Place of philanthropy in startup DNA

Corporate social responsibility is a hot topic these days at large companies. There is a growing contingent of investors who are no longer just after returns, they also want to be associated with companies that do “good”. I want to focus on what can be done at the startup level, when you are just building out your corporate culture. I am a strong believer that philanthropy needs to be built into corporate DNA from day 1! From the moment your first revenue dollar arrives, at least some portion of it should go to charity.

Here is the “recipe” for the best program I have seen in my career:
1. Build philanthropy into the mission of your company early on. Yes, it is hard to give away a portion of your revenue, when so many of your people are on “deferred” income, but you must do it early. That is the right thing to do. The easiest formula I have seen is 5% of gross revenues up to $500K with the company matching employee donations up to $200 per year. Put it into your operating agreements, employee manuals, investor agreements, etc. etc. etc. The more places you have recorded your commitment to giving, the more likely you will follow it.
1(a). During lean times of little or no revenue, volunteer at least 4 full days of work per year per employee.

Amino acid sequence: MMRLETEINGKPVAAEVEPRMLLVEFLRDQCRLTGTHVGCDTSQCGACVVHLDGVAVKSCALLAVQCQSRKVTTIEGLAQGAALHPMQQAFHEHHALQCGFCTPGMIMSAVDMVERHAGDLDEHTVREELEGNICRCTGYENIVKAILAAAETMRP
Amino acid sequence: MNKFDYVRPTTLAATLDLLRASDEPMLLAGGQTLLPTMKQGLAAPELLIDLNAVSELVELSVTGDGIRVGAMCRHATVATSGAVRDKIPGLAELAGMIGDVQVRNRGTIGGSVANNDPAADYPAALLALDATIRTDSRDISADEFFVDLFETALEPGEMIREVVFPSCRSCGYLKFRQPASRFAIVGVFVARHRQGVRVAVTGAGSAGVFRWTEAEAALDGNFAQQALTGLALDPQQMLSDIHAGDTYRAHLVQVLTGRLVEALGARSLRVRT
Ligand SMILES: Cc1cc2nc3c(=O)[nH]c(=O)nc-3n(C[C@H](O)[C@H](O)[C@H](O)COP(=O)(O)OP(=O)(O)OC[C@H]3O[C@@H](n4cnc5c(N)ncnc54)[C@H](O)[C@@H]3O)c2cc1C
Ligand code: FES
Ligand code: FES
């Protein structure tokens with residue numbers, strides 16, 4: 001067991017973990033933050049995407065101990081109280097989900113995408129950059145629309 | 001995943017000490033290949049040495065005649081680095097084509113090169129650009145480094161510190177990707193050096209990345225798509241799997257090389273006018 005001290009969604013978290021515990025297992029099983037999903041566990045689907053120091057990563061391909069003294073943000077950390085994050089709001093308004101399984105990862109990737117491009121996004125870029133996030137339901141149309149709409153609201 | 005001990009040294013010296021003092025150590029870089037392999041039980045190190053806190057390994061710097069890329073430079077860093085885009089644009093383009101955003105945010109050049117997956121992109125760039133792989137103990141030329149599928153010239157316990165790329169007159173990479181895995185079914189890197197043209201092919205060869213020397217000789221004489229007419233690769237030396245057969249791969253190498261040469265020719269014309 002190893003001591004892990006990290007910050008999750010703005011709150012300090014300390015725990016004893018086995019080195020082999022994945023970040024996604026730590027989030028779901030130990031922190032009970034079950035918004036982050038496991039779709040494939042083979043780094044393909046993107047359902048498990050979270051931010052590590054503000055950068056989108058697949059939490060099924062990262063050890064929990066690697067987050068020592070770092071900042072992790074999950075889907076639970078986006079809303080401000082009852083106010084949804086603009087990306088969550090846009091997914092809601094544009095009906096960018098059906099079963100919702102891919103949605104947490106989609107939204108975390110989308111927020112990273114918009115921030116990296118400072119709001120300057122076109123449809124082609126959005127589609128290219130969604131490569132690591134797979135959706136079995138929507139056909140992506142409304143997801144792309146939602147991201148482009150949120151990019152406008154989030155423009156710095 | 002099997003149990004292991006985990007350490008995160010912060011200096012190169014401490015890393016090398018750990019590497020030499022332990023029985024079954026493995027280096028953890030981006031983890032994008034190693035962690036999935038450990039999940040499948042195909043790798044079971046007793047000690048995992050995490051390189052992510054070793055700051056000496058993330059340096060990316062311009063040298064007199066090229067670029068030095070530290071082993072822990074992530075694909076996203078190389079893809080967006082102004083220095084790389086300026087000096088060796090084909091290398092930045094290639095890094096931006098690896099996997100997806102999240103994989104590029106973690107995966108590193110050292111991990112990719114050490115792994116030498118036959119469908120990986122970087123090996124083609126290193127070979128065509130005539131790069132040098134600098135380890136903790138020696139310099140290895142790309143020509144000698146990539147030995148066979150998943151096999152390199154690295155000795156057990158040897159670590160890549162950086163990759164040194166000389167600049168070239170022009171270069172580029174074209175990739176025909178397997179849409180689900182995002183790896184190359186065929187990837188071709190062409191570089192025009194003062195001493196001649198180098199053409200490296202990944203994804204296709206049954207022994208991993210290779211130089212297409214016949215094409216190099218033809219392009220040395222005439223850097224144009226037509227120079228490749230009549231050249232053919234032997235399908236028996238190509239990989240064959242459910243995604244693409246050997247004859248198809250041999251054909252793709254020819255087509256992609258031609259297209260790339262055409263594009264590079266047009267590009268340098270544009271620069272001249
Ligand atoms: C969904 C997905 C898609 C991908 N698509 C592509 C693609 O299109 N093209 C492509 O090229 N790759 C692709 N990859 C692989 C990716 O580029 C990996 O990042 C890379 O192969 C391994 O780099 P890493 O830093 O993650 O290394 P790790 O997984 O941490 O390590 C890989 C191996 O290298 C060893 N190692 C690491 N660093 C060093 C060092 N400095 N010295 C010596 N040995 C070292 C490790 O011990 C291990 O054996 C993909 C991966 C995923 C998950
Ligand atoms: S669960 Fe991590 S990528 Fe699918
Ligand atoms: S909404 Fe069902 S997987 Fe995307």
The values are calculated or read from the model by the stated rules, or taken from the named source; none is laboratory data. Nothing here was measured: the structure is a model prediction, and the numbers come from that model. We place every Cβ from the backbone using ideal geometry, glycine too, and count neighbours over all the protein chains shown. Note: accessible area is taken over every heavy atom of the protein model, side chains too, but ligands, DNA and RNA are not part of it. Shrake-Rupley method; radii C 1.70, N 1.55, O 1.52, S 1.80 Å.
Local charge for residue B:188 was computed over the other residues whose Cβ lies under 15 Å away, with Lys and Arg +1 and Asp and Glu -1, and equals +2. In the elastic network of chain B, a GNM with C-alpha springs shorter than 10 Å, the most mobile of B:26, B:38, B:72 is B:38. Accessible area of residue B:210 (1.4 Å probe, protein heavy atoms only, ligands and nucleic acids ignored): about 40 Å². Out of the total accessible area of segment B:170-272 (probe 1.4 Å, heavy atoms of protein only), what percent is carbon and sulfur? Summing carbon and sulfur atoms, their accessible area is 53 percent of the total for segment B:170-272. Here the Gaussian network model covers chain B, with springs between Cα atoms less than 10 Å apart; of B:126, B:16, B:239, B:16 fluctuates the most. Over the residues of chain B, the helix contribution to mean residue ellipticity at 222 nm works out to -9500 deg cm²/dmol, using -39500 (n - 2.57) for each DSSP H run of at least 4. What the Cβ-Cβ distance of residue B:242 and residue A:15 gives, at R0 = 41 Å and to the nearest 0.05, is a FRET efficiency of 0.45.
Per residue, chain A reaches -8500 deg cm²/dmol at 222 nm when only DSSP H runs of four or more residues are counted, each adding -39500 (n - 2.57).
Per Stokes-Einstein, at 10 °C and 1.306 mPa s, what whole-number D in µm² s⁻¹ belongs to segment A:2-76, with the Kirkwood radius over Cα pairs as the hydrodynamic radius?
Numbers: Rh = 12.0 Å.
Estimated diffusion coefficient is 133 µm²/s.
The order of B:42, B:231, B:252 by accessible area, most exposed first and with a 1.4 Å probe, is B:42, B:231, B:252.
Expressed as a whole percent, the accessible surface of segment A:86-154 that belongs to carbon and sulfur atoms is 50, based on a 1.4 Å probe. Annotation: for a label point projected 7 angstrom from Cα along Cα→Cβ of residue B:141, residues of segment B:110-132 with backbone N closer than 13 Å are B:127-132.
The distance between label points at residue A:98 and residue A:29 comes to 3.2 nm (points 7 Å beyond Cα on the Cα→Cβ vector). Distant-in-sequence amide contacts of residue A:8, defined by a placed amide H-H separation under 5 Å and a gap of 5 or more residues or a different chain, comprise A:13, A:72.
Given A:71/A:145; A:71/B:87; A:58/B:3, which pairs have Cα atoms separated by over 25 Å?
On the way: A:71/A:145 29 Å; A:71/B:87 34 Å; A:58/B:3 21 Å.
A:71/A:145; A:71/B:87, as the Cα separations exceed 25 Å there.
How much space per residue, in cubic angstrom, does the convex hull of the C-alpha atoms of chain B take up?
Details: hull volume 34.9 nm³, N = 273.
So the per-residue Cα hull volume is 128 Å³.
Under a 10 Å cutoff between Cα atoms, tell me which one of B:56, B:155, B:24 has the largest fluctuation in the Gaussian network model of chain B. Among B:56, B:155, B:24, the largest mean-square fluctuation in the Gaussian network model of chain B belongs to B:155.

2. Have the entire organization vote on the distribution of charitable giving and keep religion and politics out of it. Most companies are very diverse these days, so please do not impose your beliefs on others.
3. Make sure your team sees the results of their giving. The most moving experience I ever had was at Geneca when we sponsored a Make-a-Wish family. Seeing a child from a disadvantaged family going to Disneyworld knowing that it is his last trip… You get the picture.
4. Give year-round. During quarterly company meetings make sure there is an item in the agenda talking about philanthropic efforts.
5. Part of giving is mentoring. No matter how busy the members of your team are, there are tens of thousands of students who need to be mentored. At the end of the day, don’t complain about not being able to recruit good people, if you won’t even spend time helping the new crop enter the real world prepared.

I would love to hear more about how you built philanthropy into your company. Ping me with your comments.

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